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|Title:||Spectrophotometric determination of pH and its influence in soils|
|School/Discipline:||School of Agriculture, Food and Wine|
|Abstract:||It would be beneficial to develop an alternative pH measurement technique for soils, since the standard glass electrode method suffers deficiencies with unpredictability in liquid junction potential, high drift and the necessity for electrode calibration with variable ionic strength solutions if high accuracy is required. Other problems with the electrode method for use in soils include clogging of the porous fiber of electrodes, and the “suspension effect”, which can result in a negative bias when there is substantial H+ present on exchange sites. Spectrophotometric methods using indicators offer an alternative to eliminate several inherent issues with potentiometric pH measurement. This approach has been widely used in for pH determination of marine waters due to the high reproducibility achievable (≥ 0.001 pH units) but has not previously been developed for soils. The aims of this thesis were i) to develop a spectrophotometric method for measuring soil pH in the circumneutral (5-8) and acidic (< 5) pH range; ii) to develop a mixed dye spectrophotometric method that can be used for any the soil in the pH range 3-9; and iii) to use these techniques for evaluating the consistency of the thermodynamics of the soil carbonate system. In the first experiment, spectrophotometric determination of the concentrations of the acid and base forms of phenol red and bromocresol purple were used for soil pH measurement in the pH range of 5.0-8.5. This spectrophotometric method showed a strong relationship (r2 > 0.95) with values determined using a glass electrode in both water and CaCl₂ soil extracts. Similar precision of ±0.02-0.08 pH unit was obtained for measurement on replicate soil extracts for both spectrophotometric and glass electrode methods. The application of the spectrophotometric method was then extended to use with acidic soils by employing an indicator, bromocresol green, with a lower pKa; again, a strong correlation (r2 > 0.99) was achieved between spectrophotometric and glass electrode pH measurements. In the next experiment, a mixed dye (bromophenol blue, bromocresol purple, m-cresol purple, and thymol blue) method was developed that has a much wider working pH range of 3-9; in comparison the working pH range of single dye methods is approx. ±1 pH unit from their pKa. In the mixed-dye method, pH was calculated based on ratio of absorbance at selected two wavelengths and individual dye properties using fundamental equations derived from Beer’s law. The accuracy of the method was found to be within ±0.00-0.06 pH units against certified pH buffers. In the last experiment, measurements and modelling was conducted to evaluate the consistency of the thermodynamics of the soil carbonate system. pH was calculated from a known concentration of pCO₂ applied for soil solution equilibration and alkalinity titration and then comparing the results with pH measured using spectrophotometer and glass electrode. The internal consistency of the soil carbonate system was shown with a precision of ±0.03 pH units. Difference of calculated pH from measured pH was within 0.00-0.1 pH units in soil solutions with alkalinity > 0.5 meq L⁻¹. In conclusion, the application of novel spectrophotometric pH measurement methods for soils has been developed. The indicators which have been calibrated allow wider soil pH measurement between 3-9 which is also useful for other application such as oceanic pH. This study will provide a better understanding of the role of pH in illuminating acid-base reactions in soils, especially including the geochemically significant carbon dioxide system.|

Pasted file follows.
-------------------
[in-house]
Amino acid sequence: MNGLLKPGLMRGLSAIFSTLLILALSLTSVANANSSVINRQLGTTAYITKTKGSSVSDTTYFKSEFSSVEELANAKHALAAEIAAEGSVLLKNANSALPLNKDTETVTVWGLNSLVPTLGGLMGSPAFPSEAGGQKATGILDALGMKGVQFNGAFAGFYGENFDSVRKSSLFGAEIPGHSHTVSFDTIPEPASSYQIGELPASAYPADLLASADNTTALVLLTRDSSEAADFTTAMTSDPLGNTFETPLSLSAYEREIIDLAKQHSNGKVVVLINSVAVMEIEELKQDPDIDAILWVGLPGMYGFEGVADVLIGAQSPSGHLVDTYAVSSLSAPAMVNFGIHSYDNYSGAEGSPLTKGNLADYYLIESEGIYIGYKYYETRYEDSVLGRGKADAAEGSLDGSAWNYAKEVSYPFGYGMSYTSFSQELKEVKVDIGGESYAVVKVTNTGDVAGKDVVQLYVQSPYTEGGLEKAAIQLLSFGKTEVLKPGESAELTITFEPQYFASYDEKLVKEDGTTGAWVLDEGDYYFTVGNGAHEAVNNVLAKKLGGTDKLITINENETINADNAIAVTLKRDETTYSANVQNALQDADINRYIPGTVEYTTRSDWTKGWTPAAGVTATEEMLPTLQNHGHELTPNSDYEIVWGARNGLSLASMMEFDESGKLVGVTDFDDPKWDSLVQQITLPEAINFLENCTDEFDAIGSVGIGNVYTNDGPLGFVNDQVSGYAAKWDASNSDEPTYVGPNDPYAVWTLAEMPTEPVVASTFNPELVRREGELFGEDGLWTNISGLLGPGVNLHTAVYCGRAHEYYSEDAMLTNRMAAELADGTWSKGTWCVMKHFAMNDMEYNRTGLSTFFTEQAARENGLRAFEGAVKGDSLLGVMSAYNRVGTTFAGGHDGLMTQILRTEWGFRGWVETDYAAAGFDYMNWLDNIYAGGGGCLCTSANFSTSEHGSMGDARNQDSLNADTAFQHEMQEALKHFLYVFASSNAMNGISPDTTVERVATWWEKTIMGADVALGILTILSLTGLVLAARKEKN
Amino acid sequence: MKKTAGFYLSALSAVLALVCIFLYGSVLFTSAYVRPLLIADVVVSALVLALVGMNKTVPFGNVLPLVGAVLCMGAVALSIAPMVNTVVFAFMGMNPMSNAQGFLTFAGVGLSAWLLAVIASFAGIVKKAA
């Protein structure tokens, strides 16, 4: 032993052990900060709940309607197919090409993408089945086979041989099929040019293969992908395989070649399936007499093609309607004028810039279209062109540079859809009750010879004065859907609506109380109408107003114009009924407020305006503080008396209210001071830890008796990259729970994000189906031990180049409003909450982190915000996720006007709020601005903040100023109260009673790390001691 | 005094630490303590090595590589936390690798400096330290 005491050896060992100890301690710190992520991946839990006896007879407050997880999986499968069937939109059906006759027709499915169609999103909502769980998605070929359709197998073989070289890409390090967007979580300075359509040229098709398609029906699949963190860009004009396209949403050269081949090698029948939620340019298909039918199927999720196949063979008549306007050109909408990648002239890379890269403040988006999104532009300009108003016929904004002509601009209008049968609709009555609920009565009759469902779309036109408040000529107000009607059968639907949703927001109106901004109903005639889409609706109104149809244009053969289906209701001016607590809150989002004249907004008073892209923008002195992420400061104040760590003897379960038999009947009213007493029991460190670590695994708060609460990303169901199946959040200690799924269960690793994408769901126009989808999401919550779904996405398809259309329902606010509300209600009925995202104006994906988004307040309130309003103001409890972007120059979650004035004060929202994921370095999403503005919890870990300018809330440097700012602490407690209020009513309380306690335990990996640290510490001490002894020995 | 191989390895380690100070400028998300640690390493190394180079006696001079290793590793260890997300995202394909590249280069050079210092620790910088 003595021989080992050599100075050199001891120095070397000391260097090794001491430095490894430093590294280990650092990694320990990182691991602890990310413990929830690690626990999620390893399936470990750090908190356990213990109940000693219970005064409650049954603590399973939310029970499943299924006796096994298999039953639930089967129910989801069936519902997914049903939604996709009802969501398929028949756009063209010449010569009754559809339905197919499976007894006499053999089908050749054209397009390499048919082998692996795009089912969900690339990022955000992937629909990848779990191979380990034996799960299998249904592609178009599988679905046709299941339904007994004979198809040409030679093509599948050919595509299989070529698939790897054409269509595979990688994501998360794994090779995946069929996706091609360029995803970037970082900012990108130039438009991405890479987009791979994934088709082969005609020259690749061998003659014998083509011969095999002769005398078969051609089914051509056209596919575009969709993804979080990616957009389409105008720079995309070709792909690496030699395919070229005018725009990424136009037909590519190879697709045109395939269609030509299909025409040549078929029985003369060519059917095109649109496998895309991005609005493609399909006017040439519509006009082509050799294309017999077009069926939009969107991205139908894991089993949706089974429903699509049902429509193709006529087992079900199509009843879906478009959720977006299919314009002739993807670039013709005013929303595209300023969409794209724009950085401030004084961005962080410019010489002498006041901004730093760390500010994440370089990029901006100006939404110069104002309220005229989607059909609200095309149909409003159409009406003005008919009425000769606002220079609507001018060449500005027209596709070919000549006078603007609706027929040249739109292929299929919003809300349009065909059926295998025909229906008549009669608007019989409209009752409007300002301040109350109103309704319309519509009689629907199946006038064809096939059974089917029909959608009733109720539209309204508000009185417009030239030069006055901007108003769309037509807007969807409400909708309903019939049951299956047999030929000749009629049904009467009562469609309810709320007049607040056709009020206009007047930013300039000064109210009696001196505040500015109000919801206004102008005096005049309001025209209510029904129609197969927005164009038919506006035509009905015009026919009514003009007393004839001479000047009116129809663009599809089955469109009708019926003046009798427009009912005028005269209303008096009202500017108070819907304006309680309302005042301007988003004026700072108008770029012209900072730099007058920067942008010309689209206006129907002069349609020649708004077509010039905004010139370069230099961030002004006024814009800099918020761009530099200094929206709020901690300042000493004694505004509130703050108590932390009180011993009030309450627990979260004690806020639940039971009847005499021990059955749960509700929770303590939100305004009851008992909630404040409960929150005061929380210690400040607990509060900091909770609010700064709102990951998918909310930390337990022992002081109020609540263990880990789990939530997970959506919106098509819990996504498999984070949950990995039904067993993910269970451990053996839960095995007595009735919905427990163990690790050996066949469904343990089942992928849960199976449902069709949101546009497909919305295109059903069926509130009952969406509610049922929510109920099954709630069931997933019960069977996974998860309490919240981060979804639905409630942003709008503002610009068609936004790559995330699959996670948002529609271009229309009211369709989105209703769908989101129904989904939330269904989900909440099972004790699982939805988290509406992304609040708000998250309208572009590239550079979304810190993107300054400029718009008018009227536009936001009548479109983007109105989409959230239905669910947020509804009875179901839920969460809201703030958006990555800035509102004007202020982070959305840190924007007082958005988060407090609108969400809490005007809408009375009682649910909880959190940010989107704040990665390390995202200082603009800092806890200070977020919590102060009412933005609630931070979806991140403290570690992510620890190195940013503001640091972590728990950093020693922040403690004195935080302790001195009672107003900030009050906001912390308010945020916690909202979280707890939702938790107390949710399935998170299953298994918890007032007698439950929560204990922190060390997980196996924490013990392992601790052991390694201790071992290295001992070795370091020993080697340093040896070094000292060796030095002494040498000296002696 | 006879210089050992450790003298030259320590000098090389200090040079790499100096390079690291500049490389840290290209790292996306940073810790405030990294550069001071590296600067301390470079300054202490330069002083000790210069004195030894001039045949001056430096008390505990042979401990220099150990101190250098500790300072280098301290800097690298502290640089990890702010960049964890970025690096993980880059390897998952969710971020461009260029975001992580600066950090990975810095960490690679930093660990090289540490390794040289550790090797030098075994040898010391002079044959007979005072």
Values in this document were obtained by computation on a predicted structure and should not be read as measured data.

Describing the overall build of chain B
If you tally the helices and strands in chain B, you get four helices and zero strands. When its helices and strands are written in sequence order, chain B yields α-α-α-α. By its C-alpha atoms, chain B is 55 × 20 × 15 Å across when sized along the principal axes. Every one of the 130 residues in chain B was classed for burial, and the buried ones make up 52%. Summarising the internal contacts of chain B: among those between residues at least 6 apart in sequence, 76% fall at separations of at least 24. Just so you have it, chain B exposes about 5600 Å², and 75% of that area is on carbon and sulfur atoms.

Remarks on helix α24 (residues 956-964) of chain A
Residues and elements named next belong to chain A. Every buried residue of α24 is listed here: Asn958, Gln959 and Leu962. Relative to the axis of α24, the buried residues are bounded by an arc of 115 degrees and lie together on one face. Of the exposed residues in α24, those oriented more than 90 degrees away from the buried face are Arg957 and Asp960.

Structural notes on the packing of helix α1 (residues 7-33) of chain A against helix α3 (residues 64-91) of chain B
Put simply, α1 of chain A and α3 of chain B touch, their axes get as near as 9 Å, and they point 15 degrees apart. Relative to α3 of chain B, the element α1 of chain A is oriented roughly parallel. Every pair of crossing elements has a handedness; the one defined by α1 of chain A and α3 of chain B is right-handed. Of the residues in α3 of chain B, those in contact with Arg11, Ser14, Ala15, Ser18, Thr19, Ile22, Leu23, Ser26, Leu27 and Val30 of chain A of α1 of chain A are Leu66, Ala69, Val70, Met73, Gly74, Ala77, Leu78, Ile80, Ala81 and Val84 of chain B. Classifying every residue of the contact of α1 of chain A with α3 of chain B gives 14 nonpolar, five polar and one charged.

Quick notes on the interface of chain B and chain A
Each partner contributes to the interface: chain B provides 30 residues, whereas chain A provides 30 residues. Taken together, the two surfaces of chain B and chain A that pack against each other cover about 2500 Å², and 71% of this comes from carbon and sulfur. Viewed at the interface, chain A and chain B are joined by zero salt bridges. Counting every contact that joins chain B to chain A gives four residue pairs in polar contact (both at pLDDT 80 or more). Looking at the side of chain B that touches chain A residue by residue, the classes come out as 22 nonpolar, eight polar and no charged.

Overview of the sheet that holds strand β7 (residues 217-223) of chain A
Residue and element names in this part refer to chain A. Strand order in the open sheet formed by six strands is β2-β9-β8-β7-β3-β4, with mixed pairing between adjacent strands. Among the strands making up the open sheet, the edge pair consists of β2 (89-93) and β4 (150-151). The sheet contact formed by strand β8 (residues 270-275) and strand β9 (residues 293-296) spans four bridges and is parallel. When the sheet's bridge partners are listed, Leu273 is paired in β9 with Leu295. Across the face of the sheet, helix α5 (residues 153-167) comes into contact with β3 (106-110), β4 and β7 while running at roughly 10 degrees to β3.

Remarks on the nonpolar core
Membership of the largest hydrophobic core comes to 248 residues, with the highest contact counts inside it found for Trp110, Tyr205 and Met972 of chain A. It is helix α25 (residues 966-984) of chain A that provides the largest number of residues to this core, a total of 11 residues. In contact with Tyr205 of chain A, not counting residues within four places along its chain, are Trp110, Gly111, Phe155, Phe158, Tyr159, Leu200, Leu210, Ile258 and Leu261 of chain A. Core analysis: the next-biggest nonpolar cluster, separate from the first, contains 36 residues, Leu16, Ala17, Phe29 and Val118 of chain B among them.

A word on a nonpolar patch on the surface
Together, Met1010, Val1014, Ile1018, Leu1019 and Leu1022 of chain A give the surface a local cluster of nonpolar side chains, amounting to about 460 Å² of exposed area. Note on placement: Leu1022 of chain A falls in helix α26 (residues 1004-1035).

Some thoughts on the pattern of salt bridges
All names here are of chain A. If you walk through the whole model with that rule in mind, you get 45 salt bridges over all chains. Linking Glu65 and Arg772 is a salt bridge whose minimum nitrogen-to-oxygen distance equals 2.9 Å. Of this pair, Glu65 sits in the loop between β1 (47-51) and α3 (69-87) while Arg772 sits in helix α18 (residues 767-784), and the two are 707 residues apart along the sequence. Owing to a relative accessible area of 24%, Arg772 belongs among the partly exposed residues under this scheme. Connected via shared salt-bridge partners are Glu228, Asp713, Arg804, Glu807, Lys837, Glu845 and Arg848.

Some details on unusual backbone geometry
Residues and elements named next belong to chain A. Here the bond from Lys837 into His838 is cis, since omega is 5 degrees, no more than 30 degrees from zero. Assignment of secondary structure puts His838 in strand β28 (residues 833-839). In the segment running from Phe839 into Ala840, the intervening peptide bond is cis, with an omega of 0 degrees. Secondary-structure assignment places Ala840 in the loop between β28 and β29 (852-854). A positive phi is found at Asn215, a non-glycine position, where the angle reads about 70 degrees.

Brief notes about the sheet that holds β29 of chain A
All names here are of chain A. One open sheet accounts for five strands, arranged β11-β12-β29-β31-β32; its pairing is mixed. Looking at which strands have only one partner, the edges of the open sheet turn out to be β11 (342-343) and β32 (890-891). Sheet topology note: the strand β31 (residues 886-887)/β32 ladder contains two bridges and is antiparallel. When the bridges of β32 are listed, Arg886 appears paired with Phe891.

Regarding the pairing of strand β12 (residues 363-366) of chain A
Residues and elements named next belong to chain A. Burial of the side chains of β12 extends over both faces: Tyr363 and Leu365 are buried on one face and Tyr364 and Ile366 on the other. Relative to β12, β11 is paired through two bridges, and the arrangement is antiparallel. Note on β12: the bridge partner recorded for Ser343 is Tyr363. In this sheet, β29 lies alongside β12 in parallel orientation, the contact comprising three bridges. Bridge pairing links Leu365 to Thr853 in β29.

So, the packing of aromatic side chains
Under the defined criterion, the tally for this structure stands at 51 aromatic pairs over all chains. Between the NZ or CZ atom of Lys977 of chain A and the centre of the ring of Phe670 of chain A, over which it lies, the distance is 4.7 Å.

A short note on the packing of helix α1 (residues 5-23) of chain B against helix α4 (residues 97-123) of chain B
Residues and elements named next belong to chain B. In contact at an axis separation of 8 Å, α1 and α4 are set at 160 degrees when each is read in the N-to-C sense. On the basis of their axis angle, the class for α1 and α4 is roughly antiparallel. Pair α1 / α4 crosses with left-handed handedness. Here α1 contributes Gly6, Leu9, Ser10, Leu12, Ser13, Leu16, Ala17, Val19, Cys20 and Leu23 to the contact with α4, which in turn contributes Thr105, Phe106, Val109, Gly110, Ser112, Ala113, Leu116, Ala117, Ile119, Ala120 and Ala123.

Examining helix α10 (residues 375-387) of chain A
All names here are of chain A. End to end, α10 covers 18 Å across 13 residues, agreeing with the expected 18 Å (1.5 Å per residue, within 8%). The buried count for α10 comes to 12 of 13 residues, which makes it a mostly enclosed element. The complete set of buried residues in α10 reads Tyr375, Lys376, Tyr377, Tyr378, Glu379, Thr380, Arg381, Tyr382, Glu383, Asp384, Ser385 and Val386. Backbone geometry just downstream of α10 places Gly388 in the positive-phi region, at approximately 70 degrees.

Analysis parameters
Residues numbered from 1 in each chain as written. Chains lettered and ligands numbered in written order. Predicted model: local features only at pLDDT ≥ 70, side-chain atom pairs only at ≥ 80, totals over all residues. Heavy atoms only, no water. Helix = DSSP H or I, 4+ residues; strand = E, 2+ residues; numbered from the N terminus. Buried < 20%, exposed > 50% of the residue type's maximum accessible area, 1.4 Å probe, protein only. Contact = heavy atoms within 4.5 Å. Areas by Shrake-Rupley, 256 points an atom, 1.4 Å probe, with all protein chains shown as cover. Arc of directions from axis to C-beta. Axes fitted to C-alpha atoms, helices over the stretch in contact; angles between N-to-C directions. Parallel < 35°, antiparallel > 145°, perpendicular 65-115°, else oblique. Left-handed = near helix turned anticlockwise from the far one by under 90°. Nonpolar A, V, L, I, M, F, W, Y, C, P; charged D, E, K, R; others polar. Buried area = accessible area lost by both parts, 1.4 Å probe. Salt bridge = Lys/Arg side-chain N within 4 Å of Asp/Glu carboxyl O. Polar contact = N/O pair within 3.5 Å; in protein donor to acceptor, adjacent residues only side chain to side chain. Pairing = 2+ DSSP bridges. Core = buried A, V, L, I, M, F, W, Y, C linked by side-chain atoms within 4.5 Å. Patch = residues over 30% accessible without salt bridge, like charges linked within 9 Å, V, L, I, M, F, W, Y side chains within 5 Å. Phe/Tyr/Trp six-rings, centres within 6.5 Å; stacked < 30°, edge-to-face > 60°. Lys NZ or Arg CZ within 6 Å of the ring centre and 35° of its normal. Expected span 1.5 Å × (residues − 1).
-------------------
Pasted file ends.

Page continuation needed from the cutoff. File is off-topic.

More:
|Dissertation Note:||Thesis (Ph.D.) -- University of Adelaide, School of Agriculture, Food and Wine, 2019|
|Provenance:||This electronic version is made publicly available by the University of Adelaide in accordance with its open access policy for student theses. Copyright in this thesis remains with the author. This thesis may incorporate third party material which has been used by the author pursuant to Fair Dealing exceptions. If you are the owner of any included third party copyright material you wish to be removed from this electronic version, please complete the take down form located at: http://www.adelaide.edu.au/legals|
|Appears in Collections:||Research Theses|
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